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Secondly, a brighter bulb in place of the stock bulb means you'll have too much light in certain areas where there wasn't meant to be that much light. This will cause a patchy light pattern.

Which areas of the beam are you referring to and which type of lamp?

With these common bulb upgrades below (in a PROJECTOR lamp), you will NOT see "patchy" light patterns. There are no adverse effects by doing these upgrades.

H11 > H9
9005 > 9011
H7 > H7 65w rally
9012LL > 9012 high performance

Thirdly, some cars have squirrel finders(lights that light up signs) built into the projector. If you put in a brighter bulb, this squirrel finder will increase in lumen intensity and, as a result, blind others.

This doesn't occur to the extent that you think it does. A correctly matched high flux bulb replacement (as shown above) does not blind others. That comes from improper aim and/or hazy lenses.
 

John_Galt

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Its far from a bad admonishment and I'll explain why.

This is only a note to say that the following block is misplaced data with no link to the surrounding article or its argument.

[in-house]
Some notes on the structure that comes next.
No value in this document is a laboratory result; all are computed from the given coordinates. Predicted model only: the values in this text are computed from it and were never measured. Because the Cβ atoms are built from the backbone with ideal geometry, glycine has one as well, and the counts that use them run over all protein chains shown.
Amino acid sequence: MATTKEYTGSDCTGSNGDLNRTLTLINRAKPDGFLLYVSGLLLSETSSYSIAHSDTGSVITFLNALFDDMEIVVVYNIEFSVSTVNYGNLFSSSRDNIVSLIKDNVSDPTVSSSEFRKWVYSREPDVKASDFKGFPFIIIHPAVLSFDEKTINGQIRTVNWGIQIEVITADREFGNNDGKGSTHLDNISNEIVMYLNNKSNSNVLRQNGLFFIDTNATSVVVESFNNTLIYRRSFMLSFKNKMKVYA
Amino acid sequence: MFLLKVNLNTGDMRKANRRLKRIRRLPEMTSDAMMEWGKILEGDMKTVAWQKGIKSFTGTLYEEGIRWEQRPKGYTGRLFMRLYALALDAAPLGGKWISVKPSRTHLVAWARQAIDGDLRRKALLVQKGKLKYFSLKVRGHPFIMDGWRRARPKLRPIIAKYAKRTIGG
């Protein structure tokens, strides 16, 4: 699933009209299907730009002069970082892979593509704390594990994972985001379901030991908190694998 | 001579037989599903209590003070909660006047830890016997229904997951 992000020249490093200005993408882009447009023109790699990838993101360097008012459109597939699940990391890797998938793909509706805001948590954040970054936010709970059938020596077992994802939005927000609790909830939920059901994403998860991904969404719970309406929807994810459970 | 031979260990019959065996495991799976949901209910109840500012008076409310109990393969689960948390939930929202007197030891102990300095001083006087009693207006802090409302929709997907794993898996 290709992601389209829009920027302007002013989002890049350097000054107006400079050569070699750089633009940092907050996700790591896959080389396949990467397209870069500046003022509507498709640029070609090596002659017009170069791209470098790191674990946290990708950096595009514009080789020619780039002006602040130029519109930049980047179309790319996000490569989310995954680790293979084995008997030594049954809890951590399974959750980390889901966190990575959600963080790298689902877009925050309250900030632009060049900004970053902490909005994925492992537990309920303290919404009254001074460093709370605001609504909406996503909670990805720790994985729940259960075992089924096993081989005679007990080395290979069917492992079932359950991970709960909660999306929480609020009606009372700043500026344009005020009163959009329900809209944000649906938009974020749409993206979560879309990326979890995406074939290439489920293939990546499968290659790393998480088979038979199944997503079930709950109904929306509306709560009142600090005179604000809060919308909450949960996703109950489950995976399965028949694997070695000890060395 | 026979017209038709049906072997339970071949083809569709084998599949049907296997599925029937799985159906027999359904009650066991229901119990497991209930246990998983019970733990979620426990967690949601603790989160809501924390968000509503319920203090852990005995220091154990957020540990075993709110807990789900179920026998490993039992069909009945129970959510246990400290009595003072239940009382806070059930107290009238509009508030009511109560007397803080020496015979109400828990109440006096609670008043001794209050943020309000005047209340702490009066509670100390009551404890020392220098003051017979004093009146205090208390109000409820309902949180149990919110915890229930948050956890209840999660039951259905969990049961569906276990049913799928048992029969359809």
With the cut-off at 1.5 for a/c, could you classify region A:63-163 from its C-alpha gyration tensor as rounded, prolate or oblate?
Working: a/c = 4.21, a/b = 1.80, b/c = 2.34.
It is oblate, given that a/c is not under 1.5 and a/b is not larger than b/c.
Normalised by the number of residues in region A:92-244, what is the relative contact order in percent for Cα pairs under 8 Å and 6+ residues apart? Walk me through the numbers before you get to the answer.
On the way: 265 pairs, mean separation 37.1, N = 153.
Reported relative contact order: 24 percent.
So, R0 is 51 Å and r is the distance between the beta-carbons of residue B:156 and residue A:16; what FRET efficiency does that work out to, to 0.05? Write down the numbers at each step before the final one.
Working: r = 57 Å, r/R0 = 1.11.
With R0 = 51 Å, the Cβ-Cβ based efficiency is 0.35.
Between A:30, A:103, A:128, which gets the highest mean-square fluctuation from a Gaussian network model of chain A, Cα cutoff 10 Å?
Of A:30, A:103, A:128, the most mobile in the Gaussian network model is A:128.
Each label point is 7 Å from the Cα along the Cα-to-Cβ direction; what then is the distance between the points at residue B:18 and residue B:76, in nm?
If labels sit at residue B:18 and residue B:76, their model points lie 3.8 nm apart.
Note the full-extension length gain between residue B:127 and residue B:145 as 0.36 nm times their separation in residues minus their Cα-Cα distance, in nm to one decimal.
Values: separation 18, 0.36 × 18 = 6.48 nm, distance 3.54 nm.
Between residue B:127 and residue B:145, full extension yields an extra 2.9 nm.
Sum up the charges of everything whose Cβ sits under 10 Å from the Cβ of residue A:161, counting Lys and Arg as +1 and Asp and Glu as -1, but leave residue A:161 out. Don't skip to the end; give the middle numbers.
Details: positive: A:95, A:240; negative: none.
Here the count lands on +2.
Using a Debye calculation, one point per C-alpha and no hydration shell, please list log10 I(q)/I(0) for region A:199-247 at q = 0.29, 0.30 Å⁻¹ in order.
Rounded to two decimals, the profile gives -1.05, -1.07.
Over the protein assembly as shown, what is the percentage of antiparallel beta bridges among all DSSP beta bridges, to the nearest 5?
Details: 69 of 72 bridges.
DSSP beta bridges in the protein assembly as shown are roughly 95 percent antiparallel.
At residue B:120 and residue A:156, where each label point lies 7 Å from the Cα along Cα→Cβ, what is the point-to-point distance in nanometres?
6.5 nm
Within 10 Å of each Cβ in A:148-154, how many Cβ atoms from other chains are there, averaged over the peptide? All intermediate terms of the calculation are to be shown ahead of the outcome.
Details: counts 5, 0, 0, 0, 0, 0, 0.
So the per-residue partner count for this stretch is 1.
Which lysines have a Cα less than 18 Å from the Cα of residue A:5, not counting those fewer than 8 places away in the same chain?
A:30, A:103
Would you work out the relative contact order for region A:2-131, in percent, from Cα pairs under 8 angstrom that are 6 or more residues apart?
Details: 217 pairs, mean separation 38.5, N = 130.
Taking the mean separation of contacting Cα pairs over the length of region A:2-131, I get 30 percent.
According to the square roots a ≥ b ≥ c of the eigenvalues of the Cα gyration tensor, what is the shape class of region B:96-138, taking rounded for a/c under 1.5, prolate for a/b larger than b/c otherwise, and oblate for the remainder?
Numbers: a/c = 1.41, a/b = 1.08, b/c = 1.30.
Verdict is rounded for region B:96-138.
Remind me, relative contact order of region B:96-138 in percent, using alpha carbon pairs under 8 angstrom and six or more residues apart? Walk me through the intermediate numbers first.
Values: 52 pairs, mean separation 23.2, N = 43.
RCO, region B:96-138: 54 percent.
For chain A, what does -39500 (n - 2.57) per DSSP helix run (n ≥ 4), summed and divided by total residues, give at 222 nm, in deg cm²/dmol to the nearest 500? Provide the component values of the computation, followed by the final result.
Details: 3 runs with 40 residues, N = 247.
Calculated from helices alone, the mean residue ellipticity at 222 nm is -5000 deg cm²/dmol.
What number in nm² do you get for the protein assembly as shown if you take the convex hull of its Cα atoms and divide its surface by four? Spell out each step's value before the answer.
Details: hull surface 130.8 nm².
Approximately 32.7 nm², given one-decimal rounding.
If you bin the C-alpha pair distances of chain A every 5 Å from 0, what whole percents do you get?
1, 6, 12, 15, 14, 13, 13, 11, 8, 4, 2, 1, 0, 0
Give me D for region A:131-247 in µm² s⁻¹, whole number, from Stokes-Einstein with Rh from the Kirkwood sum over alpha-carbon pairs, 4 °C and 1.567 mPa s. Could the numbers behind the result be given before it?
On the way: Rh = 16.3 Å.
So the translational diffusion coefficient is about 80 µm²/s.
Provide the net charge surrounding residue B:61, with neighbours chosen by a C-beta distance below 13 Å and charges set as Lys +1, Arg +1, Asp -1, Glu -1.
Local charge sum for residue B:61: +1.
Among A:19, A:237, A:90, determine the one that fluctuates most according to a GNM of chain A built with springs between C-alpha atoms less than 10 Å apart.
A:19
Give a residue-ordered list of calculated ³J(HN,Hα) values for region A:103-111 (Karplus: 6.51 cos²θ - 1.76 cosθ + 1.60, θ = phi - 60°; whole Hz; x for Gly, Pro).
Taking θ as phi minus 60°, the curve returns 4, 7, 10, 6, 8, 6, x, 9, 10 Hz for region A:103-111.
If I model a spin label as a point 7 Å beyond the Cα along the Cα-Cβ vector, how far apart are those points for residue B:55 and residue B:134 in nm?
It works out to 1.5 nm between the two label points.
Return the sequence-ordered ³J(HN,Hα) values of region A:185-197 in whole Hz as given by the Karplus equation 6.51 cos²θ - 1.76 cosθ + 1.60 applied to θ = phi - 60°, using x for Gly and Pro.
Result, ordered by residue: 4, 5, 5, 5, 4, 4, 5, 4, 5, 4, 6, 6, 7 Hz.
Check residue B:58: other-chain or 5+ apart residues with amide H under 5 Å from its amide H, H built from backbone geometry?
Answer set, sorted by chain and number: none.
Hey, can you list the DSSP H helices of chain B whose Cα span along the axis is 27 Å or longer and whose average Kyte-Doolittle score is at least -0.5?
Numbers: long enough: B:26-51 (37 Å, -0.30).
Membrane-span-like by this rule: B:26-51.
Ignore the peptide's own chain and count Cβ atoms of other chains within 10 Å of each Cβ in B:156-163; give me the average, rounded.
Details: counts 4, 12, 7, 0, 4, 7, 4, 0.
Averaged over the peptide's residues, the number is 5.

Headlight aim is just one factor to take into consideration when you switch out the bulbs. The aim is rarely off either way if it's stock because aim isnt affected by driving and vibration. What affects aim is when you remove the entire headlight housing and install a new one. Replacing the bulb has no effect on aim.

Secondly, a brighter bulb in place of the stock bulb means you'll have too much light in certain areas where there wasn't meant to be that much light. This will cause a patchy light pattern.

Thirdly, some cars have squirrel finders(lights that light up signs) built into the projector. If you put in a brighter bulb, this squirrel finder will increase in lumen intensity and, as a result, blind others.

Lastly, messing around with the aiming of a headlight without proper equipment and methods is surely the quickest way to misaim the headlights for a layperson, causing one to blind others or not get maximum performance from their headlights(by underaiming)

In short, everything becomes out of spec when you put in the incorrect bulb.

>the aim is rarely off

Having owned more than a fair number of vehicles for someone my age, and been responsible for several more through various employers, I'm going to stop you right there.

Appropriate/correct headlight aim is The Exception not the rule, by a mile. even in a new right off the dealer lot. Even in states that require motor vehicle inspections, headlight aim usually comes down to "do both lights work high and low? If customer says they can't see -Crank Them Skyward. Customer complains of flashing: -Aim Them At The Ground.